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Hi

Would you say that with is optional here?

I'd like to consult my father first.

I'd like to consult with my father first.

Why don't you consult a doctor?

Why don't you consult with a doctor?

Thanks,

Tom

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Mr. TomWould you say that with is optional here?

Yes. You see it more often without 'with'.

CJ

Comments  

They are different. The intransitive verb is equivalent to "confer" and is probably often a mistake nowadays by people who can't remember that word. The intransitive use is time honored, though. You can consult with your father to talk it over and get his advice. You consult him for his opinion. You consult a doctor to find out what's wrong with you. You do not normally consult with her.

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Mr. TomWould you say that with is optional here?

It's used in the USA. In the UK it is superfluous.

 CalifJim's reply was promoted to an answer.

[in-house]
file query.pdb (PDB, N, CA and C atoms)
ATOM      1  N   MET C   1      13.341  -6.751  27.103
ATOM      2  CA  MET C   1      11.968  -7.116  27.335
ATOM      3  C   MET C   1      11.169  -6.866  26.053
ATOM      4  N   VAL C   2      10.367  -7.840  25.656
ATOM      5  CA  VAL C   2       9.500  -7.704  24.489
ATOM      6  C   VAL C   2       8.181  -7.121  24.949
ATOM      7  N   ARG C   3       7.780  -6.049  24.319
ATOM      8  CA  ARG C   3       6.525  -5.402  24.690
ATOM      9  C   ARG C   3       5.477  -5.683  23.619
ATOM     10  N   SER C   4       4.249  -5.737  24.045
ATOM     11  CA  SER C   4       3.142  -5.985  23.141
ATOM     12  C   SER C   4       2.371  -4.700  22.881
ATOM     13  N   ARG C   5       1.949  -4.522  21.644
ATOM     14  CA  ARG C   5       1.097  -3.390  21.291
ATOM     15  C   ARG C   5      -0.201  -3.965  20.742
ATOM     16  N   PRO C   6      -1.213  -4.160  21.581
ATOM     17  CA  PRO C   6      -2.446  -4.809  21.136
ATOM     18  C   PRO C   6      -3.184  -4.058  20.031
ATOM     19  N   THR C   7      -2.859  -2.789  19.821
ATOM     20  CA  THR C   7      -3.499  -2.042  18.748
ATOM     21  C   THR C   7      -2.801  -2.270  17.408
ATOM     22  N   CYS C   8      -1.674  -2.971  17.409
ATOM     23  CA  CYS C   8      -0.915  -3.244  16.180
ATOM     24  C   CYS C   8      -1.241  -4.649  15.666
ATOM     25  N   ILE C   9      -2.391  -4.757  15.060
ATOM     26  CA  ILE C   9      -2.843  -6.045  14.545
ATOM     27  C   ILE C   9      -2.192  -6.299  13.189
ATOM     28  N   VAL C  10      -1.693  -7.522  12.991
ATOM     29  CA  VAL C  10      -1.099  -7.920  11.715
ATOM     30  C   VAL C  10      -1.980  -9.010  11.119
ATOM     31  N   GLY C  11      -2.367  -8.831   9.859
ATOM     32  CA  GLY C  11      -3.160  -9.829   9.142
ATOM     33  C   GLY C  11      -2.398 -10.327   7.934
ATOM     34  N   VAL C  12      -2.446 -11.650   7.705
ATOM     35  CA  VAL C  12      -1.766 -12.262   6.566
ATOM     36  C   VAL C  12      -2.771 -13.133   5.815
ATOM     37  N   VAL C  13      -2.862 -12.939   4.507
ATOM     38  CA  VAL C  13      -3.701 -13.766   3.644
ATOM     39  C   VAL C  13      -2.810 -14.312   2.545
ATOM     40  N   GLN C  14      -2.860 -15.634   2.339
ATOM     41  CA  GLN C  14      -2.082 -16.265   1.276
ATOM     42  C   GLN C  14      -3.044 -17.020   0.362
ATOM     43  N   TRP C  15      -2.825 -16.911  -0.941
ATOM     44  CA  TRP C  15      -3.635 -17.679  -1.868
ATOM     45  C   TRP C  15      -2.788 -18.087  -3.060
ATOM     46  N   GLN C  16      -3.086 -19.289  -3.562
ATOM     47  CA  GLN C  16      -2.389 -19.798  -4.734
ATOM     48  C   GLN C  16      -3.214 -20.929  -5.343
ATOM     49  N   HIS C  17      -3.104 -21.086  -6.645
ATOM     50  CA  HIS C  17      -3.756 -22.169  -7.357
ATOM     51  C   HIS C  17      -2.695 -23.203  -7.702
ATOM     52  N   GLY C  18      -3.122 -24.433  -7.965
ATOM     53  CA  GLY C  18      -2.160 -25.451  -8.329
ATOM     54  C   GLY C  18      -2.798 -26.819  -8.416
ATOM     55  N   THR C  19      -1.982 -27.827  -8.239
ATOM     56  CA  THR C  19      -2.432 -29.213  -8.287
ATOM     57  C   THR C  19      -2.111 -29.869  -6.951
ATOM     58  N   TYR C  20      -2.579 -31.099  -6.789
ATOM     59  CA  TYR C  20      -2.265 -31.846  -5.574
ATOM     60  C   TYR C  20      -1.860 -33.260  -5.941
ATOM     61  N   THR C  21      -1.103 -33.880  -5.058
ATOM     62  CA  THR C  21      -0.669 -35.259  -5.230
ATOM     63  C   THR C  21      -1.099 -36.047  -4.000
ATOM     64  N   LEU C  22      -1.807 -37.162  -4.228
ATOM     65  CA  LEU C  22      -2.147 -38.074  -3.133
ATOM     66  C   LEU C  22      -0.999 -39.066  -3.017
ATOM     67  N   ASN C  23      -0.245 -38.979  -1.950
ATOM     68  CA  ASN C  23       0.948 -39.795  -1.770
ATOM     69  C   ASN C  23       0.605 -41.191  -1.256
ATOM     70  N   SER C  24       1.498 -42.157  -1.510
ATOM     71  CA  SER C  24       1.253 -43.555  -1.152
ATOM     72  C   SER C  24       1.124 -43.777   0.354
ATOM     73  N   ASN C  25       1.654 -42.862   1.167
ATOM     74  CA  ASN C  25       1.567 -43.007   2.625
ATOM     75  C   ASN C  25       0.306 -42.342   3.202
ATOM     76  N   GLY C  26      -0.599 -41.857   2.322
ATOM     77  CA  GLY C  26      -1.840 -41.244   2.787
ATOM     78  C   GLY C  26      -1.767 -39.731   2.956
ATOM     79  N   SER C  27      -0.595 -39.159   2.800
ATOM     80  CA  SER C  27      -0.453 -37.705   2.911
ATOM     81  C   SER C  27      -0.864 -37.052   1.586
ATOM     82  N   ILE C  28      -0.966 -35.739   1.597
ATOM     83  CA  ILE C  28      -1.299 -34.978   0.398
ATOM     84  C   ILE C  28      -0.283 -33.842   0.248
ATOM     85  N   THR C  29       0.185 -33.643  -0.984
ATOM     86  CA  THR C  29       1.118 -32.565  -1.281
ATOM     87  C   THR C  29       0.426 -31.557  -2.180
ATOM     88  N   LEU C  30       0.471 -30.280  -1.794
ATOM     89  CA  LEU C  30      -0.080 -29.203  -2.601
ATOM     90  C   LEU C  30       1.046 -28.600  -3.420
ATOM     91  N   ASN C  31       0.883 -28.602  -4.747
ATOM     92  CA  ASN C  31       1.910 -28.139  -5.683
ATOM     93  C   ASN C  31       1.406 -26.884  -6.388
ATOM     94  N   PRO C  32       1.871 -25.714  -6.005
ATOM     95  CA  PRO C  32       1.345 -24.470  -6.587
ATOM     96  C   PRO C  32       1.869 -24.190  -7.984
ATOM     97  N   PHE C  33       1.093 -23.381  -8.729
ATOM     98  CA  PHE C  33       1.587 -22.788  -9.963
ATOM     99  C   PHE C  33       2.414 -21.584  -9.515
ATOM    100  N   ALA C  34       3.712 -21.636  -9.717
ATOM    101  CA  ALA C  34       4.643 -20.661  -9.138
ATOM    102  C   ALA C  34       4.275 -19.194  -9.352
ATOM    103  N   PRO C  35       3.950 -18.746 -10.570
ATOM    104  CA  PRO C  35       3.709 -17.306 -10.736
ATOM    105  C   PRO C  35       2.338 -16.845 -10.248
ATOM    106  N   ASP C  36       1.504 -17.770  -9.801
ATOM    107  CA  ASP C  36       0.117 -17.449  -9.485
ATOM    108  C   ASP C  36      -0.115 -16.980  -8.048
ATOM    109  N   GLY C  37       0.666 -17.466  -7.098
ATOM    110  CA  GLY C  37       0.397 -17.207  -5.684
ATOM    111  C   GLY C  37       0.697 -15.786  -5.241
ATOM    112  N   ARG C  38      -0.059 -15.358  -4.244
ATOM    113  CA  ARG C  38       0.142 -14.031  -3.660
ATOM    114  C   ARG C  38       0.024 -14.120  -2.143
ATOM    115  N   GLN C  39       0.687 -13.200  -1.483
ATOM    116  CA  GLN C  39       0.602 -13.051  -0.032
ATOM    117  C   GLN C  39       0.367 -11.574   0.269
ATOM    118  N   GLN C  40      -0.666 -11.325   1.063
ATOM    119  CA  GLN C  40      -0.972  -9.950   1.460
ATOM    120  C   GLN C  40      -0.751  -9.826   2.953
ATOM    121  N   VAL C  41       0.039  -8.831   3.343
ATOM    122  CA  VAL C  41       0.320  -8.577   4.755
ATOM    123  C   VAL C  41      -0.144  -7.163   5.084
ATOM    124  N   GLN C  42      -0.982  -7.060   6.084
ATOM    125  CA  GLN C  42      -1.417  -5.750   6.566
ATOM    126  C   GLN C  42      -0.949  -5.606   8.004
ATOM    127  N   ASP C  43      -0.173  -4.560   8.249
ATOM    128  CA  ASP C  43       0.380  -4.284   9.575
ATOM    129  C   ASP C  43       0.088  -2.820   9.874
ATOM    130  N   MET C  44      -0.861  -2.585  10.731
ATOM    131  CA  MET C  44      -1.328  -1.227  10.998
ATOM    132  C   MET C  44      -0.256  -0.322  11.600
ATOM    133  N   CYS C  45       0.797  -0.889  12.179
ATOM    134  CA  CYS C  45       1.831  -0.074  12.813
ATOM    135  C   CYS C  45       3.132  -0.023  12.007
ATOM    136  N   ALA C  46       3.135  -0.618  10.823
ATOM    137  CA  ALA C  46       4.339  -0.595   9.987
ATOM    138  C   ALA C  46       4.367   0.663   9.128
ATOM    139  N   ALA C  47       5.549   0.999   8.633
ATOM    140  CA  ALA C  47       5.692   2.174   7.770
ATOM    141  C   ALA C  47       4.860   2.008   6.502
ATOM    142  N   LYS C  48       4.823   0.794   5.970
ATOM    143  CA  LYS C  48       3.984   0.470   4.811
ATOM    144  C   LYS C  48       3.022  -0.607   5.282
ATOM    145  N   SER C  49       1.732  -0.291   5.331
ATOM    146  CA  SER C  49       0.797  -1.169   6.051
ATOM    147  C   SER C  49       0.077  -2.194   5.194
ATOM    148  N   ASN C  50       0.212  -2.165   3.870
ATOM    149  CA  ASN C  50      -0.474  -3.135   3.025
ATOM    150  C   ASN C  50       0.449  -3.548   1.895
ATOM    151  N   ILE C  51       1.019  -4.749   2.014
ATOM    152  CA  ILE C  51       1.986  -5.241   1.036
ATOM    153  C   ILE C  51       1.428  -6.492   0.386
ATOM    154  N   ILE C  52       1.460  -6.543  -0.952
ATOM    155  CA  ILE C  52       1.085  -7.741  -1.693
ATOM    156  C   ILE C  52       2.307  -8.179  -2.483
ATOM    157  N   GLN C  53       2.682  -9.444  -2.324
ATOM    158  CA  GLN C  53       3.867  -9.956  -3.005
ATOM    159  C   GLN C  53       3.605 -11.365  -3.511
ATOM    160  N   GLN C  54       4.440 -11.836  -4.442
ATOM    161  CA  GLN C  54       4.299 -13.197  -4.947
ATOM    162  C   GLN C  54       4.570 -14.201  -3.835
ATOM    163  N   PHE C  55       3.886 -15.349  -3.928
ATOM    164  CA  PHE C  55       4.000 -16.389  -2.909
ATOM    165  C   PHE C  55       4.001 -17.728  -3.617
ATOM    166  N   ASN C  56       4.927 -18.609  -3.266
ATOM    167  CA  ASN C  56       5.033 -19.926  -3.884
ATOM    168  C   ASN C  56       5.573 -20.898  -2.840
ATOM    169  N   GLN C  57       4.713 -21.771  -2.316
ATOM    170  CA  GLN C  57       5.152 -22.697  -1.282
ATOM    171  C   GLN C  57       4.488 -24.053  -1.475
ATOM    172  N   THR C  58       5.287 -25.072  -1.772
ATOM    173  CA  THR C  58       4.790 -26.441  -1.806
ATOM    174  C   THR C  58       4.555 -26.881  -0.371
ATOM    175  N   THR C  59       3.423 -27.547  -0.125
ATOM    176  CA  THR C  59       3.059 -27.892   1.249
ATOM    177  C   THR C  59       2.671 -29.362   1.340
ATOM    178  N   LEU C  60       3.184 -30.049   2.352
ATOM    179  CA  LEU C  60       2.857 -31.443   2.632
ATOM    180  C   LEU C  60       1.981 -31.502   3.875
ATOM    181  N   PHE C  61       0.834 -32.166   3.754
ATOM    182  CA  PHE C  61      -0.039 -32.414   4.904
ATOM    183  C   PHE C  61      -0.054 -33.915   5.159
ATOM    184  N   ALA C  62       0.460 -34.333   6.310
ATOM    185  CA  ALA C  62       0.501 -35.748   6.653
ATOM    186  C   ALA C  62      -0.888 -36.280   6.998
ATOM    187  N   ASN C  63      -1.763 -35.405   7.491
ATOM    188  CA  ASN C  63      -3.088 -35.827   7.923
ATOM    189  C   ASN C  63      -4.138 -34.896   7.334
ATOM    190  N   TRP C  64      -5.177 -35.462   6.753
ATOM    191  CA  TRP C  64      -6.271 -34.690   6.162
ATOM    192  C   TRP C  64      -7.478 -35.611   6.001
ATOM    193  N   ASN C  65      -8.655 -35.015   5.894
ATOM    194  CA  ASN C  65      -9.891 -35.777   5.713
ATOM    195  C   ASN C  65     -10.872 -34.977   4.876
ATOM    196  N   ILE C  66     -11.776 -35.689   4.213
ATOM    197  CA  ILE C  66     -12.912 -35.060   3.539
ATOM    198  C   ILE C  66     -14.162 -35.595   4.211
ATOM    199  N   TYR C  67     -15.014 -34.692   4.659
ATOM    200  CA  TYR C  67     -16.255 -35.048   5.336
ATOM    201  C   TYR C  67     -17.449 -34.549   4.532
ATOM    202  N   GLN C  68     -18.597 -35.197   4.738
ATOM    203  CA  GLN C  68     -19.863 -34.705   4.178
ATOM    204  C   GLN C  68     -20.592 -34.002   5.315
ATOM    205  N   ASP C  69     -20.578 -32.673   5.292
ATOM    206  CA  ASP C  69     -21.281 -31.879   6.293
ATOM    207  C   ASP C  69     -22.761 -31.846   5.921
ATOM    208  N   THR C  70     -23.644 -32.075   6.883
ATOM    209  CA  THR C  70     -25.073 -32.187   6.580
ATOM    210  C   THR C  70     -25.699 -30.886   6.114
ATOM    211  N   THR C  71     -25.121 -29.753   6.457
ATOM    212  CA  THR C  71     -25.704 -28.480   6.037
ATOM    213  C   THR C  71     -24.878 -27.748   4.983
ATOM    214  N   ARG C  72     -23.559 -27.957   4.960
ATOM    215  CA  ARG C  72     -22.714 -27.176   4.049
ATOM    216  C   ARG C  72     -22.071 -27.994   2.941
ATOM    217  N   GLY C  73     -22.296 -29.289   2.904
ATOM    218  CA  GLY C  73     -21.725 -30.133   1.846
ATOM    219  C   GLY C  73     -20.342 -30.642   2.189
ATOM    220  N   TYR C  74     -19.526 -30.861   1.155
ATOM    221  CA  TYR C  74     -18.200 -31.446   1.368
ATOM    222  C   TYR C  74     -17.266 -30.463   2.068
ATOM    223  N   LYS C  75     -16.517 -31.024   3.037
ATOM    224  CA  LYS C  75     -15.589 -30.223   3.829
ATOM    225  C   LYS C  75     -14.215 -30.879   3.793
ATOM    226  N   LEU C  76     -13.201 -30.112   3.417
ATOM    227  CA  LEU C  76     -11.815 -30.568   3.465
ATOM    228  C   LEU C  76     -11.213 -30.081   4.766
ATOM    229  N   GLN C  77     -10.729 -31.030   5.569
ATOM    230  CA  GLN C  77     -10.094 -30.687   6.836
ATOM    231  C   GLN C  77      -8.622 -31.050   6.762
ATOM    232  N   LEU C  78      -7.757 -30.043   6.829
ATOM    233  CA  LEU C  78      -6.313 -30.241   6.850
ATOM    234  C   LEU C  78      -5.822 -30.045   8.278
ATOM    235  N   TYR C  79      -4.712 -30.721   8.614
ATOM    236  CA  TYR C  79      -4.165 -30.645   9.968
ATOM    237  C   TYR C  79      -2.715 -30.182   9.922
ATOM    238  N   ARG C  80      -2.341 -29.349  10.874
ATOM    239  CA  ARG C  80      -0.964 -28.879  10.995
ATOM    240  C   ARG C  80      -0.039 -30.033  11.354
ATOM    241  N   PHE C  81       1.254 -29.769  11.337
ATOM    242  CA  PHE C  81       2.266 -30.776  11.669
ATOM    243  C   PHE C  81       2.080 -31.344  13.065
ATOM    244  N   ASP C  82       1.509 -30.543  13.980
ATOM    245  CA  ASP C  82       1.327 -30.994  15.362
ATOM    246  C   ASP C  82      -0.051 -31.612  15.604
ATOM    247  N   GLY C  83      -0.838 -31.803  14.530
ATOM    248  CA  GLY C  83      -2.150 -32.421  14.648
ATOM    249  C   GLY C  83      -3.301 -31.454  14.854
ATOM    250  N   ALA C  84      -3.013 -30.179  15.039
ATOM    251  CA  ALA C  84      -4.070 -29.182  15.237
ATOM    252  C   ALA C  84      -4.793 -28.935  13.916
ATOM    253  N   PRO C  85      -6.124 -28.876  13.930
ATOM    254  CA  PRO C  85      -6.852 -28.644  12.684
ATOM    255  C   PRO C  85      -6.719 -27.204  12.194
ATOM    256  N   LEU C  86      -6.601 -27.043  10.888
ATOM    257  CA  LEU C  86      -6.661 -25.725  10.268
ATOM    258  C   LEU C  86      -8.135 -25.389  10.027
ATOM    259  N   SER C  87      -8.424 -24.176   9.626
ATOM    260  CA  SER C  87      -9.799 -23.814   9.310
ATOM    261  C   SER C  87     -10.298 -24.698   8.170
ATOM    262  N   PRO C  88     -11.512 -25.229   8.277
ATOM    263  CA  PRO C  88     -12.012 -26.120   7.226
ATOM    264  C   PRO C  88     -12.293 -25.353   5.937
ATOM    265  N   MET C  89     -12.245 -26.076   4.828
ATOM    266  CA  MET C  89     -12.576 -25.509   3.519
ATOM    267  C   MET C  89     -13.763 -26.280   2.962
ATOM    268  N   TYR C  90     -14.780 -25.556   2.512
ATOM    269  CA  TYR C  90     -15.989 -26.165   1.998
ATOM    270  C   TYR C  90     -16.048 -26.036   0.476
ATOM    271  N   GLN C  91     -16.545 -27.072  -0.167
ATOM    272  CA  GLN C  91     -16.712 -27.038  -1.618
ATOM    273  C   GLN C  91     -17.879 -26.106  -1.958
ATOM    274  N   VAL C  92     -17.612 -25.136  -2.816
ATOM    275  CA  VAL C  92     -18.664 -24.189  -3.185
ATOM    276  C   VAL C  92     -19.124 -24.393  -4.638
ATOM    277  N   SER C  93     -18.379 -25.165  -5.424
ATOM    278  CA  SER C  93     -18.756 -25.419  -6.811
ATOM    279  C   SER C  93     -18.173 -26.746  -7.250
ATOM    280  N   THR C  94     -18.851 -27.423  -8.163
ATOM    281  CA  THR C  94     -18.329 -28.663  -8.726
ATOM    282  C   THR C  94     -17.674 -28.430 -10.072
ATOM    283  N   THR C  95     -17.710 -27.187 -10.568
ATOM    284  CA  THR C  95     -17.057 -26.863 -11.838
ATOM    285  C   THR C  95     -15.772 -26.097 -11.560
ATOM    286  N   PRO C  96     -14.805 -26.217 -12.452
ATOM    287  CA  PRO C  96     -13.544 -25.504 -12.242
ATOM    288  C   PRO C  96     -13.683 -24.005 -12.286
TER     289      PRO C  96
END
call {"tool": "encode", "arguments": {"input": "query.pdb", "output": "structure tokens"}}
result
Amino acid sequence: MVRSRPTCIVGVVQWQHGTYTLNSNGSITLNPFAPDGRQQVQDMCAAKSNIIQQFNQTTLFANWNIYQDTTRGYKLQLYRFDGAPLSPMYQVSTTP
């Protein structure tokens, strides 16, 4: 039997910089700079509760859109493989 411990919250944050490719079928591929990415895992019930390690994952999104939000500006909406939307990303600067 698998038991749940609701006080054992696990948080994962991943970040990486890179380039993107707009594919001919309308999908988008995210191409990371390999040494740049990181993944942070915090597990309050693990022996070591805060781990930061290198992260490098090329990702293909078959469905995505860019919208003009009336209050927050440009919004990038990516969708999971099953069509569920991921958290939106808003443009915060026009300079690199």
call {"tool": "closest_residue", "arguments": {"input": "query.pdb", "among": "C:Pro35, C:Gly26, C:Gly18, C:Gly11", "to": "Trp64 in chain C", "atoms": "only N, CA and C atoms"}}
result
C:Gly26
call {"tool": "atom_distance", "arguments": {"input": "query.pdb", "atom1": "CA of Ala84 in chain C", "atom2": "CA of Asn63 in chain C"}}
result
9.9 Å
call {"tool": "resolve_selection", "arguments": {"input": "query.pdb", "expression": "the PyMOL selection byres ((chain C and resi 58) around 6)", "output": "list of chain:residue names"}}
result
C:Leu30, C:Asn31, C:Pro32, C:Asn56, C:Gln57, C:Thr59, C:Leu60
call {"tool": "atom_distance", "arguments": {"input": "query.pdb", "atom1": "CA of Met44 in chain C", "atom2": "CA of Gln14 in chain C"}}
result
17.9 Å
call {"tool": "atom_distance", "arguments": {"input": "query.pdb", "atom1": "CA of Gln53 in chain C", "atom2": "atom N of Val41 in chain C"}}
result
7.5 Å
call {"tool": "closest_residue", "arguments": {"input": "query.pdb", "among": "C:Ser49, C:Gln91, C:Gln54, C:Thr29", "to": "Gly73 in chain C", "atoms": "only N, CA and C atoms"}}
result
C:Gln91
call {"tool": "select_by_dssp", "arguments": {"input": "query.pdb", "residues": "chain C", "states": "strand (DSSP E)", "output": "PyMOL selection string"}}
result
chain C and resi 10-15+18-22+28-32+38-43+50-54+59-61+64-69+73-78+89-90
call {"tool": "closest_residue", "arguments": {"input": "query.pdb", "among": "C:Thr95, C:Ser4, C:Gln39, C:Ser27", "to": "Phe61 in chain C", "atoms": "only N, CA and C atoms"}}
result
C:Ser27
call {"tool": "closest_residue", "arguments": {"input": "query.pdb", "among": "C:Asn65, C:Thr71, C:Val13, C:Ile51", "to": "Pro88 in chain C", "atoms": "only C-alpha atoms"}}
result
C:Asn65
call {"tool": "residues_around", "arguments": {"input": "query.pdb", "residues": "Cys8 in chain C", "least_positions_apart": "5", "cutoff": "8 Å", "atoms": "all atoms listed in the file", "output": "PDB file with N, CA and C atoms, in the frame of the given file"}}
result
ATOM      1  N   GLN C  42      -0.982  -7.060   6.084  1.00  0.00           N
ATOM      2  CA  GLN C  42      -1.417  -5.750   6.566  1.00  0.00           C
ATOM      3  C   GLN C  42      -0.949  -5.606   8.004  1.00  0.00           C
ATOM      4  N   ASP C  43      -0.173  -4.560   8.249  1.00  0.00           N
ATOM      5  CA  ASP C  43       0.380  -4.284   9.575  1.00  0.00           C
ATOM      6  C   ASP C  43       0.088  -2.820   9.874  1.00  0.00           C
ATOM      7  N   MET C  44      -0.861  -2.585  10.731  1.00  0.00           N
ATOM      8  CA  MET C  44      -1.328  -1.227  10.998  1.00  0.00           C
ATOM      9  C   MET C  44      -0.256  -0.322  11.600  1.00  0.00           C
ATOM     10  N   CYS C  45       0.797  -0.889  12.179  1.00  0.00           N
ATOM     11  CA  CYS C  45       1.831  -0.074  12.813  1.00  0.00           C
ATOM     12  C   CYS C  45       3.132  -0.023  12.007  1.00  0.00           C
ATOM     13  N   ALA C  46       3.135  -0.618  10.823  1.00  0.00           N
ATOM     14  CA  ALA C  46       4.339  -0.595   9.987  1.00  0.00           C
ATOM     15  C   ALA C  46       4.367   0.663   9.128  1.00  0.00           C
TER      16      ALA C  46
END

anonymous
Mr. TomWould you say that with is optional here?

It's used in the USA. In the UK it is superfluous.

Nope. Oxford Dictionaries online show an intransitive use (https://en.oxforddictionaries.com/definition/us/consult ), and the other dictionaries mention no US/UK distinction in this regard.

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anonymousNope. ...

Correct. The Google Books corpus shows that 'consult' occurs with and without 'with' both in AmE and in BrE. In both cases, the version without 'with' is more common.

CJ

anonymousNope.

I've only heard it used by Americans. Like the American use of meet with instead of meet or visit with instead of just visit.

anonymous
anonymousNope.

I've only heard it used by Americans. Like the American use of meet with instead of meet or visit with instead of just visit.

I would not be surprised to learn that the jet-lagged, obese Iowa farmers you meet over there wearing Bermuda shorts with a Brownie dangling from their sunburned necks gawking at the palace guards are not as careful as they might be with idiom and grammar, but, as I said, "consult" and "consult with" are both current everywhere and mean two different things.

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